The film is about hate and discrimination and, I think, we are meant to sympathize with Tom, but only because he is branded a "queer" by his peers without the sympathy that the Kerr character is able to dish out, and thus "cure" him. In the 1950s, homosexuality was considered a disease by the psychiatric powers-that-be. And as many diseases can be cured, so could this one in the perverse imagination of the Hollywood censors. The Kerr character martyrs herself, sacrificing her virtue to shag the boy (who really is a boy of only 17), which effectively rids him of his "illness." Yes, his confusion vanishes instantly as Laura unbuttons her cardigan with a disturbingly sober expression that was obviously meant to say "I am not doing this out of lust, but out of my older, wiser, nurturing feminine duty to rescue you from this unholy perversion." And then he grows up into a self-assured, suit-wearing, happily married, home-owning go-getter. Thank God, for martyrs like Laura.
What's most jacked up about Tea and Sympathy is that it seems to want to function as a shout-out to all the idiosyncratic so called sissies that are so unfortunately stigmatized for being different. Which would be fine, except that the film is telling its audience that it is okay to be different because, hooray, there's a cure. In other words, it's not okay to be different. The cruel peers who ostracize "sissies" like Tom are not okay either. But only because Tom could still grow up to epitomize het-masculine normalcy. Tea and Sympathy reprimands its homophobes for punishing innocent soon-to-be ex-gays as if to say, "please do be careful when punishing the gays because they might not always be that way. And when they're good and cured, boy, will there be some red faces all around."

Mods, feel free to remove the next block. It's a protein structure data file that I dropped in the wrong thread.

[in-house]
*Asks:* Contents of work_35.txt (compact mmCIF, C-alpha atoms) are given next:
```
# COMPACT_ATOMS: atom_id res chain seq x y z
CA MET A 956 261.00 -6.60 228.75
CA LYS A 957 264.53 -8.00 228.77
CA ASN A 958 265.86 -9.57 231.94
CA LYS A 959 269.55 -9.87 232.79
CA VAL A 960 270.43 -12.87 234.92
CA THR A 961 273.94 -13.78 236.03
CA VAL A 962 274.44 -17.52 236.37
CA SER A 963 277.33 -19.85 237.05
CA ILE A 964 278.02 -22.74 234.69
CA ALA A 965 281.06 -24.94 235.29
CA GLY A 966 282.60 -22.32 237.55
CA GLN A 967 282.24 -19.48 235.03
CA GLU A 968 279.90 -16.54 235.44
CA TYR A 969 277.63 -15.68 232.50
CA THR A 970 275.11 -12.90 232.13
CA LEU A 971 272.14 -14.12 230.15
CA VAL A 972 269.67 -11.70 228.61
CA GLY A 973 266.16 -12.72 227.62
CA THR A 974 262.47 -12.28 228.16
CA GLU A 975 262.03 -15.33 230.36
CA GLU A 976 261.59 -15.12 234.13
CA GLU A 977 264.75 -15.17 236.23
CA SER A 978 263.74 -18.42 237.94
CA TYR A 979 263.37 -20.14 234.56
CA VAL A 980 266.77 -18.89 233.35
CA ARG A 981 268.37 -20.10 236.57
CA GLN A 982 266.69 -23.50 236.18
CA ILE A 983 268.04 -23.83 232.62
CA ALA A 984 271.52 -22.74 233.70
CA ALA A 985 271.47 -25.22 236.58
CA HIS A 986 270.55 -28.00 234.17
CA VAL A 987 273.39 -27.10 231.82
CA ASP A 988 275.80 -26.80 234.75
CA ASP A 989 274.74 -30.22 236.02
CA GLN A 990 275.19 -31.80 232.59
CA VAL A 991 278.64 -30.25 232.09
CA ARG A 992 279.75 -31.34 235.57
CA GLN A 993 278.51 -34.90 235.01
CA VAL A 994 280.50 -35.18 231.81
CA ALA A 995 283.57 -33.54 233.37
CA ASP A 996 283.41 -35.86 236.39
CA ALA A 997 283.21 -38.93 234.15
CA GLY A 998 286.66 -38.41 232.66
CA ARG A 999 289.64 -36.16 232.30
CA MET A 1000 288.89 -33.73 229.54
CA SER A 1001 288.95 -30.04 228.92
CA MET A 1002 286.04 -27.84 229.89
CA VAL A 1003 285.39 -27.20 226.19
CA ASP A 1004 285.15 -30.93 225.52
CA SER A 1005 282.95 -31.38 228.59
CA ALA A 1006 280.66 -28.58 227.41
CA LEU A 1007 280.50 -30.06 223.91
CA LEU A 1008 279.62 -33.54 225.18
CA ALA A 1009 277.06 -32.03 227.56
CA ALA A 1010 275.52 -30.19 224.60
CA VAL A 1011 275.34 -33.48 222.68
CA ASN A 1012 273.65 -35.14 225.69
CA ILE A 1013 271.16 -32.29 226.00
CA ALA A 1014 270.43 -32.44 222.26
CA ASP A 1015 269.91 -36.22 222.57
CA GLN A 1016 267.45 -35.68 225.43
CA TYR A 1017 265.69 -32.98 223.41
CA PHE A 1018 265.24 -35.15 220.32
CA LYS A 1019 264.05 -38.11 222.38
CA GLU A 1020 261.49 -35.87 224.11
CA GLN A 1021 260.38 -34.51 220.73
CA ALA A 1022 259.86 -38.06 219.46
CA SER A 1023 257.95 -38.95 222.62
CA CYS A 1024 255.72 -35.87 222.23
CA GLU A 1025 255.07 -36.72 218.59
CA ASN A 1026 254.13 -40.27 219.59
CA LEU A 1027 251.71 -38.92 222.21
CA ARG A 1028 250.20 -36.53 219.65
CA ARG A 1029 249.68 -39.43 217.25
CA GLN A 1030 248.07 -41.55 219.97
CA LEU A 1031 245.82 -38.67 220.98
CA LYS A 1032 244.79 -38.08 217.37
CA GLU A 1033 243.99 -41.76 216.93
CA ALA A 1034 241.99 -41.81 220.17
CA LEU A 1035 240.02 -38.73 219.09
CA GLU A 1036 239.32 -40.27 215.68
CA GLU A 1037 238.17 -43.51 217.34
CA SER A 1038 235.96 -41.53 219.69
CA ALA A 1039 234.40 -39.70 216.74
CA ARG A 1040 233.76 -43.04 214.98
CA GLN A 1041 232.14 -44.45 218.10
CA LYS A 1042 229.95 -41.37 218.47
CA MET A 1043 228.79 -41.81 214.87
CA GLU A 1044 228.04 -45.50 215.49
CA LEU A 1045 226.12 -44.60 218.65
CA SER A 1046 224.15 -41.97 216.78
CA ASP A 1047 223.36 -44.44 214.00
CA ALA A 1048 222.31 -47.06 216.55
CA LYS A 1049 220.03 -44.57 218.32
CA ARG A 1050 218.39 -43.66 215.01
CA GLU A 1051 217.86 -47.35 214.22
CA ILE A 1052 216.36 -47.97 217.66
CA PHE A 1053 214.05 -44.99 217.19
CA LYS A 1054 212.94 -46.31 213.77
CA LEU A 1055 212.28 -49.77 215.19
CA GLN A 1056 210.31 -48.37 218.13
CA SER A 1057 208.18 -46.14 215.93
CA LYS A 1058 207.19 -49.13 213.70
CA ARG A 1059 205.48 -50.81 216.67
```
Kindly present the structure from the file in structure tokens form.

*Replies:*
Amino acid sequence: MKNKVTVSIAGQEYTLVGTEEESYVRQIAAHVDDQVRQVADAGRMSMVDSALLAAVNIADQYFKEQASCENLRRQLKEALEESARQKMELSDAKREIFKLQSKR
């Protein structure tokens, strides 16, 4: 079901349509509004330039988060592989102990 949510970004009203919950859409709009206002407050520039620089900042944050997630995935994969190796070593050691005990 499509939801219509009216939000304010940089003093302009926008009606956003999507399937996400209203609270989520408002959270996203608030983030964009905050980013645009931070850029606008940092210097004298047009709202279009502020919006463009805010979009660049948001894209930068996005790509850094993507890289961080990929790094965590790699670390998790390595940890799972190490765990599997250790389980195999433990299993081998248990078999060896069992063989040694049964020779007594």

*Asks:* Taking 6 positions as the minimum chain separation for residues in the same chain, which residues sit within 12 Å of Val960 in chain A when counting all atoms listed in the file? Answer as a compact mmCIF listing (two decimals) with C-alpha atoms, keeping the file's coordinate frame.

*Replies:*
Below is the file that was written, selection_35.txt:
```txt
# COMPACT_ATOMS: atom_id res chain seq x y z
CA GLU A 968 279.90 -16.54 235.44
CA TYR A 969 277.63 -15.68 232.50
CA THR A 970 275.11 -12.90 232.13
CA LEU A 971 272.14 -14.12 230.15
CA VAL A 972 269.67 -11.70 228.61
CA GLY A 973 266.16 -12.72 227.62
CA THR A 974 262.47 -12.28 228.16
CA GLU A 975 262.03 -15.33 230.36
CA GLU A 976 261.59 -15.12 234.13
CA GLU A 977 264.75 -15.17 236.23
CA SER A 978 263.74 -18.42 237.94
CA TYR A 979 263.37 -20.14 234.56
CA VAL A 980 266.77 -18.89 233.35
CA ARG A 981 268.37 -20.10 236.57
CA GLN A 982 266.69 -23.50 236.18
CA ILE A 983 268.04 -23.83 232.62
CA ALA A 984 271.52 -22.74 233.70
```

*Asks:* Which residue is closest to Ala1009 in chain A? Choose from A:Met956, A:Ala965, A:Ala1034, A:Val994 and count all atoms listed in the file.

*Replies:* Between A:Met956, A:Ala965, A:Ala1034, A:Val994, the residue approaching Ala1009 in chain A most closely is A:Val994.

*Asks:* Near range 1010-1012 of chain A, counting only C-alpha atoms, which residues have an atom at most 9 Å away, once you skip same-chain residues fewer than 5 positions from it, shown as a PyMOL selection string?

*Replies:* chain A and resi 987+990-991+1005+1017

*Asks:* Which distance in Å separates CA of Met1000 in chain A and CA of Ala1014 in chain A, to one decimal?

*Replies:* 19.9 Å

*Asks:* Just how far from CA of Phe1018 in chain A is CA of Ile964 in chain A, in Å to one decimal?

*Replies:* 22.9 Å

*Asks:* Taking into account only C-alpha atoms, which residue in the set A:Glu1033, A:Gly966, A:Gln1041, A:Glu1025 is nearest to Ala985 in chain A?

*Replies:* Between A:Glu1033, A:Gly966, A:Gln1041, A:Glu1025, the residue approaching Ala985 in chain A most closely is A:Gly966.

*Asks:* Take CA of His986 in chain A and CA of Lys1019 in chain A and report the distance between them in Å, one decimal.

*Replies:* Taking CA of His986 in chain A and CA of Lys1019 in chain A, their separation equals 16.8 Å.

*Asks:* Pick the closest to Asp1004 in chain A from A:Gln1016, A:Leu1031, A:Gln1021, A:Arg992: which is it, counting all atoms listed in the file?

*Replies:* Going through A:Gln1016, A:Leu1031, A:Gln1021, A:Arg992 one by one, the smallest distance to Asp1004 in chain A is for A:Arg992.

But my biggest problem is this: for a movie that's so sooo soooooo backwards, it is not nearly funny enough. Cat on a Hot Tin Roof was funny. Suddenly Last Summer was even funnier yet. Okay, Kerr's seduction scene, though nightmarish, was funny. I'll give it 5/10 stars just for that, but otherwise, and I know it has its fans, Tea and Sympathy just kind of sits there for me. Sure, it's interesting to talk about from a historical perspective. But standing alone, it's like an antiquated high school textbook.
*** This review may contain spoilers ***
The reviews here of this film are either very supportive of the film,
or very dismissive of the film. I was pleased to see more that are
supportive, but unfortunately there are quite a few people out there